For World Down’s Syndrome Day

Dear Avani,

It’s been more than a decade now, yet I clearly remember the day I met you and your mom at Sapling Nursery School in Pune. My family had just moved to India from the US, and it was Varun’s first taste of schooling in a country that was not yet his home. He was just four years old then. You were one of his first friends in the new school and cared for him deeply. Since we lived in the same neighborhood, Shirene Garden, you guys began to play together every day and often spent time together in each other’s homes after school. It was heartwarming to see the ease with which the two of you connected. I was an anxious Mom those days, and constantly overworked and overwhelmed myself with worries. What if the kids fell sick? How would they cope with bigger classes and less personalized attention in school? What if they didn’t fit in? In addition, It was discomforting to demand work of the maid and the driver and I was petrified to cross the unruly traffic laden streets at Parihar Chowk with little children in tow. All these petty troubles bogged me down. But you with your bright spunky spirit and pure love taught me a few profound lessons about life. Every day was a battle for you yet you rallied on and never let anything stop you from enjoying all the little moments in life. With your simple no nonsense attitude you worked your magic into all our hearts.

Once, when you were over for a play date, you were hungry and I hadn’t finished making lunch yet so I offered you what was ready, a bowl of plain daal and white rice with ghee. You ate this with such relish, stopping every now and then to compliment me on what a great cook I was! Watching you thoroughly enjoy every bite of what you ate, I learned that it’s not just the ground spices, tempered gravies or roasted veggies that add to the taste of a dish but the gratitude and awe in your heart. It’s the attitude that elevates a simple dal to the status of Hyderabadi Biryani.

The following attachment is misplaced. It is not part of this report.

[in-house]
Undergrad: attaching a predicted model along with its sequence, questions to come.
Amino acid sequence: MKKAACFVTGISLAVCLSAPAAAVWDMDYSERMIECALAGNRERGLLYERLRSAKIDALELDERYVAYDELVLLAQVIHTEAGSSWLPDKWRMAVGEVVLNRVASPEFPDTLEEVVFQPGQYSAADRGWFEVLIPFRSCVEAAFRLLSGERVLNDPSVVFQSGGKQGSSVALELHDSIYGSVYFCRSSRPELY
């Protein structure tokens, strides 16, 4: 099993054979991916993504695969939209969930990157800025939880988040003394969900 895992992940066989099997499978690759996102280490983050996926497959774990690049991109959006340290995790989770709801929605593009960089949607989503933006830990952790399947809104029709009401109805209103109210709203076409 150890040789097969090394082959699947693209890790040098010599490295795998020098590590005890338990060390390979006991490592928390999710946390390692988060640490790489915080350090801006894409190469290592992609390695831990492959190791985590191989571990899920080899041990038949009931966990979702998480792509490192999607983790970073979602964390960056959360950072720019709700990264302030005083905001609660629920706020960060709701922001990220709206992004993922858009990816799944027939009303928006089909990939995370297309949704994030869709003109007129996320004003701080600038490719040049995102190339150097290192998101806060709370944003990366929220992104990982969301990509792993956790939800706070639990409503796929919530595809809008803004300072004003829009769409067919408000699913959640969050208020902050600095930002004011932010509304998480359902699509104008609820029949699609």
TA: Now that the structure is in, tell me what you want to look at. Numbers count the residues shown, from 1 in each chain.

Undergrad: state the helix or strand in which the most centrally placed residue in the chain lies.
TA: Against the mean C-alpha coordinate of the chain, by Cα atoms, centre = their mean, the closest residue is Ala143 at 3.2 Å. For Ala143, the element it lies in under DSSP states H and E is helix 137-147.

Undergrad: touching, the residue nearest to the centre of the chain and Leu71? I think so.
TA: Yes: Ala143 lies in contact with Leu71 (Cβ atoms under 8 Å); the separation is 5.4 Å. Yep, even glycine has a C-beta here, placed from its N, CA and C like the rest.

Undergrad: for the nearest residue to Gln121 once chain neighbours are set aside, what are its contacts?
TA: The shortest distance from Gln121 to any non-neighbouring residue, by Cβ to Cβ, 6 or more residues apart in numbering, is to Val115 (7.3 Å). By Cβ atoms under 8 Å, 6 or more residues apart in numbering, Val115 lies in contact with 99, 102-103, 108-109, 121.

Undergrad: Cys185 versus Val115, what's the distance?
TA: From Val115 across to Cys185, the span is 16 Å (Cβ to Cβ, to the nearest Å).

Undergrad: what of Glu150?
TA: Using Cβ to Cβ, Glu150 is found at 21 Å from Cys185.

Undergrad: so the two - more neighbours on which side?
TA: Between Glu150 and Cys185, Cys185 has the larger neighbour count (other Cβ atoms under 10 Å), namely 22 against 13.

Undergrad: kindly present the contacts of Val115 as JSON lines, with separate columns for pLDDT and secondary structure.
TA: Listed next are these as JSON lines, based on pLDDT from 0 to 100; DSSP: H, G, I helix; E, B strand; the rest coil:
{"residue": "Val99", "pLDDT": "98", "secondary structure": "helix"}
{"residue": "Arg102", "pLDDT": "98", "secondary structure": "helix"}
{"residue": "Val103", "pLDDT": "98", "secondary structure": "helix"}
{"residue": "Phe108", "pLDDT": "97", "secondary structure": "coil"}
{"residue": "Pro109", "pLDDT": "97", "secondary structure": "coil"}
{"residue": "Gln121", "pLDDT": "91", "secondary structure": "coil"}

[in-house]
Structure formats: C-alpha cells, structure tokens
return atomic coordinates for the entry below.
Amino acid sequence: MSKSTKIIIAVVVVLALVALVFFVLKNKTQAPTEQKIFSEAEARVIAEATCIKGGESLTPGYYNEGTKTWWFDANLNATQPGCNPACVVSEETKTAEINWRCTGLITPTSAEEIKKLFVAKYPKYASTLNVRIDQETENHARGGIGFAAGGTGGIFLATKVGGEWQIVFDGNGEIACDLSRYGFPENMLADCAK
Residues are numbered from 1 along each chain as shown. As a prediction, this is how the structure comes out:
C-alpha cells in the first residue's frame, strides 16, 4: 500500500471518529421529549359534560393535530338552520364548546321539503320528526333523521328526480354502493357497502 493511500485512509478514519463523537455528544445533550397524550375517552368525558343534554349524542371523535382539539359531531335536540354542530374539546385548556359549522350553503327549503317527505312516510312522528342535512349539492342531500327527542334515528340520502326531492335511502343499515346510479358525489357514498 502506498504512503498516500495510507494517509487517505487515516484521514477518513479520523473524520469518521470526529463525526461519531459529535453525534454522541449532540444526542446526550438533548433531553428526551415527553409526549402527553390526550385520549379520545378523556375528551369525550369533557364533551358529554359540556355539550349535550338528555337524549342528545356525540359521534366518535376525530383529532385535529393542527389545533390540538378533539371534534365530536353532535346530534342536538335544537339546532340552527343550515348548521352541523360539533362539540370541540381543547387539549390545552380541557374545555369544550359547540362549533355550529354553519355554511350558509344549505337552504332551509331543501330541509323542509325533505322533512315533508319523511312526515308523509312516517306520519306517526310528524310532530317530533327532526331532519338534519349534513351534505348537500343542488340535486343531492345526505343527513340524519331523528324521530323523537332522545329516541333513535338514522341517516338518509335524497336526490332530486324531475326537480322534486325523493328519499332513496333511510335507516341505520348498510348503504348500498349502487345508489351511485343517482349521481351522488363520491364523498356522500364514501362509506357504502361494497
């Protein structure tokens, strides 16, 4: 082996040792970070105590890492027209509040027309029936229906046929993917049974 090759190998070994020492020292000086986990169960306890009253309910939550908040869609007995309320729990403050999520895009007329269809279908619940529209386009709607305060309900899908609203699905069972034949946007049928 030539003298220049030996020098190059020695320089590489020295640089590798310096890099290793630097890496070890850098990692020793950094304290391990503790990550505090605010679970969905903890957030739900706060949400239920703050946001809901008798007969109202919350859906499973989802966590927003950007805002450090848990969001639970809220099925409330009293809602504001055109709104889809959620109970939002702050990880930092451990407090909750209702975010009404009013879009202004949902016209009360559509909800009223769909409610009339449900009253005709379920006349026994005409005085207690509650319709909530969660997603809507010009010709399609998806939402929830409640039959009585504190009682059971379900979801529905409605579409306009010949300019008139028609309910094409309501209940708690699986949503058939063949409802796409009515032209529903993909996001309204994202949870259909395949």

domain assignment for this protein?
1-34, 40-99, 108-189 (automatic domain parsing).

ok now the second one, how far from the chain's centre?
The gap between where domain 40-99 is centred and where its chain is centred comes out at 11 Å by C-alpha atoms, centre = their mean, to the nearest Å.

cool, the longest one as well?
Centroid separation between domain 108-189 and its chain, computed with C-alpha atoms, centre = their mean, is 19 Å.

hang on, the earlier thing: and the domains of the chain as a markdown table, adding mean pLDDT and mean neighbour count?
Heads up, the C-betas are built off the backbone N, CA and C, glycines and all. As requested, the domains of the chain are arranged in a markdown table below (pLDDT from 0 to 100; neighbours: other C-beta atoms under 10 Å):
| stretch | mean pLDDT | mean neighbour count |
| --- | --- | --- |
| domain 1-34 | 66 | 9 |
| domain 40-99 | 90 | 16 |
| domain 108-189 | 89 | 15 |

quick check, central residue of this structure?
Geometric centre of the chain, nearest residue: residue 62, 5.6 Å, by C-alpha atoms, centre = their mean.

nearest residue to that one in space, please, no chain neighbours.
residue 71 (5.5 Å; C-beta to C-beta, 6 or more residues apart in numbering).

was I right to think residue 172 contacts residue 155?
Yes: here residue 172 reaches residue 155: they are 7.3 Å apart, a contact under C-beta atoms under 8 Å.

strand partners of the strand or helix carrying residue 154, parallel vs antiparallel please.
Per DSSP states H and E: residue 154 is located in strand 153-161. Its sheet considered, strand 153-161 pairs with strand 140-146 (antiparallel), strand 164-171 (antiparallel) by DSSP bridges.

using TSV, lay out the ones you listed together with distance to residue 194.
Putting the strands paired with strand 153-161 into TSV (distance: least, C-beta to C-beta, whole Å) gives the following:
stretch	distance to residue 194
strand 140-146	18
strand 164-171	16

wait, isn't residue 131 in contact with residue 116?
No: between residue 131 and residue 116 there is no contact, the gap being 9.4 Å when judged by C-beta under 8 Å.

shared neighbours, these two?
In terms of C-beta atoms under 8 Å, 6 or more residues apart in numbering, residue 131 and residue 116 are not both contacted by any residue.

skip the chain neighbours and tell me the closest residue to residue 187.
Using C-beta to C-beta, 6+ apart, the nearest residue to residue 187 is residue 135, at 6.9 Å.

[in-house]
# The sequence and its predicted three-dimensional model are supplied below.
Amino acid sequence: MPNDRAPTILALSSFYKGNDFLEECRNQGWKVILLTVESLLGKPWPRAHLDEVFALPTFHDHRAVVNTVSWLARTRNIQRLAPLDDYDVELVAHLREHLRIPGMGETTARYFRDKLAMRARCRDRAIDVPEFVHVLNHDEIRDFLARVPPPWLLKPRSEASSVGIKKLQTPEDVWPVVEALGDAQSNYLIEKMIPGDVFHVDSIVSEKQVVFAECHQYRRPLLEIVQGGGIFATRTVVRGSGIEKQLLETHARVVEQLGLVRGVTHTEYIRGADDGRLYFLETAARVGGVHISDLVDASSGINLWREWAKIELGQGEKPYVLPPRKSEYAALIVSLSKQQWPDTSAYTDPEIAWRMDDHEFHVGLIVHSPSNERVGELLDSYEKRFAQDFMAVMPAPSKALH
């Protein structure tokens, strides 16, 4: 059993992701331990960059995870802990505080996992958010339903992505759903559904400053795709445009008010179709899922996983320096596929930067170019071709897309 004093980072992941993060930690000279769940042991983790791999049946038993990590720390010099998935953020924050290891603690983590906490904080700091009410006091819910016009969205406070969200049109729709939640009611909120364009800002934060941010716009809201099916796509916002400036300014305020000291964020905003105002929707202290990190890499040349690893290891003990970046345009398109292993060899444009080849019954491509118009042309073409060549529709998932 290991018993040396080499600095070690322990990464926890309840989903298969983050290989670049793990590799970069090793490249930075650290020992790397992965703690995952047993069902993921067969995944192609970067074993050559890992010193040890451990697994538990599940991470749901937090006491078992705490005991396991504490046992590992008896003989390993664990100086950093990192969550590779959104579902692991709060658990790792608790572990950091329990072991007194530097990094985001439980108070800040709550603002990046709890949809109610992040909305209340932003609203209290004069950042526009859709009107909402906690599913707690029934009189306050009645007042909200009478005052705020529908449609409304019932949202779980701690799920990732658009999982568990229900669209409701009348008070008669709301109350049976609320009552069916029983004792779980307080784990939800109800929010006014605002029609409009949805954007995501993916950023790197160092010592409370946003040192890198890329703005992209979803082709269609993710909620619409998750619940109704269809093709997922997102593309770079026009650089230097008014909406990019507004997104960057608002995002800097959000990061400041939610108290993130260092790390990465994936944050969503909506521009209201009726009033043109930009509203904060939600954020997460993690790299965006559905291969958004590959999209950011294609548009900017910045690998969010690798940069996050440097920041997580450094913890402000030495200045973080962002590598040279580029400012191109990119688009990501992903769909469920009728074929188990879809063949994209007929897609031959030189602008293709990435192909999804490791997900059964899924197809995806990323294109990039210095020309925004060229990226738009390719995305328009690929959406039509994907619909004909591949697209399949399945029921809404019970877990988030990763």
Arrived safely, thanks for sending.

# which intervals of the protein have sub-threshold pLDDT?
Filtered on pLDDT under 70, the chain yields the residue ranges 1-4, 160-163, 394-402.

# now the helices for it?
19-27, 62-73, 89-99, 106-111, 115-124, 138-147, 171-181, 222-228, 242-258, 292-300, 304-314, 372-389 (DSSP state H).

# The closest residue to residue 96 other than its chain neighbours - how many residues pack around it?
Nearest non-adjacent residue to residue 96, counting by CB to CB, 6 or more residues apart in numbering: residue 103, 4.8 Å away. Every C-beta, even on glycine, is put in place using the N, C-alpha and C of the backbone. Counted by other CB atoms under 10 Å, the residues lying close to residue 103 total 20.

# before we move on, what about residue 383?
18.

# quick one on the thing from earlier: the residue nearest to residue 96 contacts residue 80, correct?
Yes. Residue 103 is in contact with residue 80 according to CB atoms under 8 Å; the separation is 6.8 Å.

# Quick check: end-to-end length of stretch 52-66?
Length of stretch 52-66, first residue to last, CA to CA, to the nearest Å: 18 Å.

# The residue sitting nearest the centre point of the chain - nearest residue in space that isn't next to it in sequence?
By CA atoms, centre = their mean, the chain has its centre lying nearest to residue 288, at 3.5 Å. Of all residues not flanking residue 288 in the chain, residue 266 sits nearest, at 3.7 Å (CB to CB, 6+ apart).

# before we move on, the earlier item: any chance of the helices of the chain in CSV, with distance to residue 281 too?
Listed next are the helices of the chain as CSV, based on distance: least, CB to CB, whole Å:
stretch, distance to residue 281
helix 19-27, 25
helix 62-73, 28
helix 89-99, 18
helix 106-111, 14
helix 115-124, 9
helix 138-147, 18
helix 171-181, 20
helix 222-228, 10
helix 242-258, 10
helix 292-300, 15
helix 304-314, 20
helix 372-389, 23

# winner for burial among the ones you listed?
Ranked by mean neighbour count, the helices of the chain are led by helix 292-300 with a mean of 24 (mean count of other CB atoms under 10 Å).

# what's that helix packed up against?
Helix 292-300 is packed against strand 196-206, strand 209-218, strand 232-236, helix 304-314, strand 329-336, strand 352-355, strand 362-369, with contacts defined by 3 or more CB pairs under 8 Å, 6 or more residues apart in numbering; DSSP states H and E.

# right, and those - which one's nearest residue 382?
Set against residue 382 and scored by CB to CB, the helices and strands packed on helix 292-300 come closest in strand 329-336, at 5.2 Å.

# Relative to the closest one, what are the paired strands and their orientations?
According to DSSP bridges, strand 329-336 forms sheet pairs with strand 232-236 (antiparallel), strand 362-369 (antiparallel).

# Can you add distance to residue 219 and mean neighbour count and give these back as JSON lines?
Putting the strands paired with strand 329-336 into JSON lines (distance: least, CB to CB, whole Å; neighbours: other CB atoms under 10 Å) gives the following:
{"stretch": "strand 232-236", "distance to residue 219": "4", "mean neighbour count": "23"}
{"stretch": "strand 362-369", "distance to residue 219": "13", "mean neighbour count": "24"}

Another time at an outdoor birthday party organized for Varun, all of the kids were running around and playing and their parents, my friends, were busy talking. It was a pleasant day in August and a slight evening breeze blew. Amongst us all, you were the only one who stopped what you were doing and stood with your eyes closed, head tilted upwards, hands stretched out welcoming the waft of the monsoon wind. There was utter joy on your face! Happiness stems from the littlest things if we allow it, I learned that day. And, breezy moments are not just for the pretty women draped in chiffon in Bollywood movies.

I will never forget is the sports day at Saplings. All the kids were dressed as Santa, and took part in a race where you had to grab glittery parcels placed every few feet on the race tracks, throw them into their sacks and haul it to the finish line. At one point Varun stopped running and enamored by the shiny package started to play with it. You were way ahead of Varun but when you saw your buddy lagging behind, you stopped, ran backwards to him and then, a wise soul that you are, held his hand to stop him from dilly dallying and the two of you crossed the finish line together in last place. What you taught me that day was winning a race is not as important as having a friend to slow you down. and savor every moment of it 🙂.

Thank you for all your love, dear child and reminding us time and again on what truly matters.

Love,

Vidya Aunty.

Pic. – Avani and Varun after the race.

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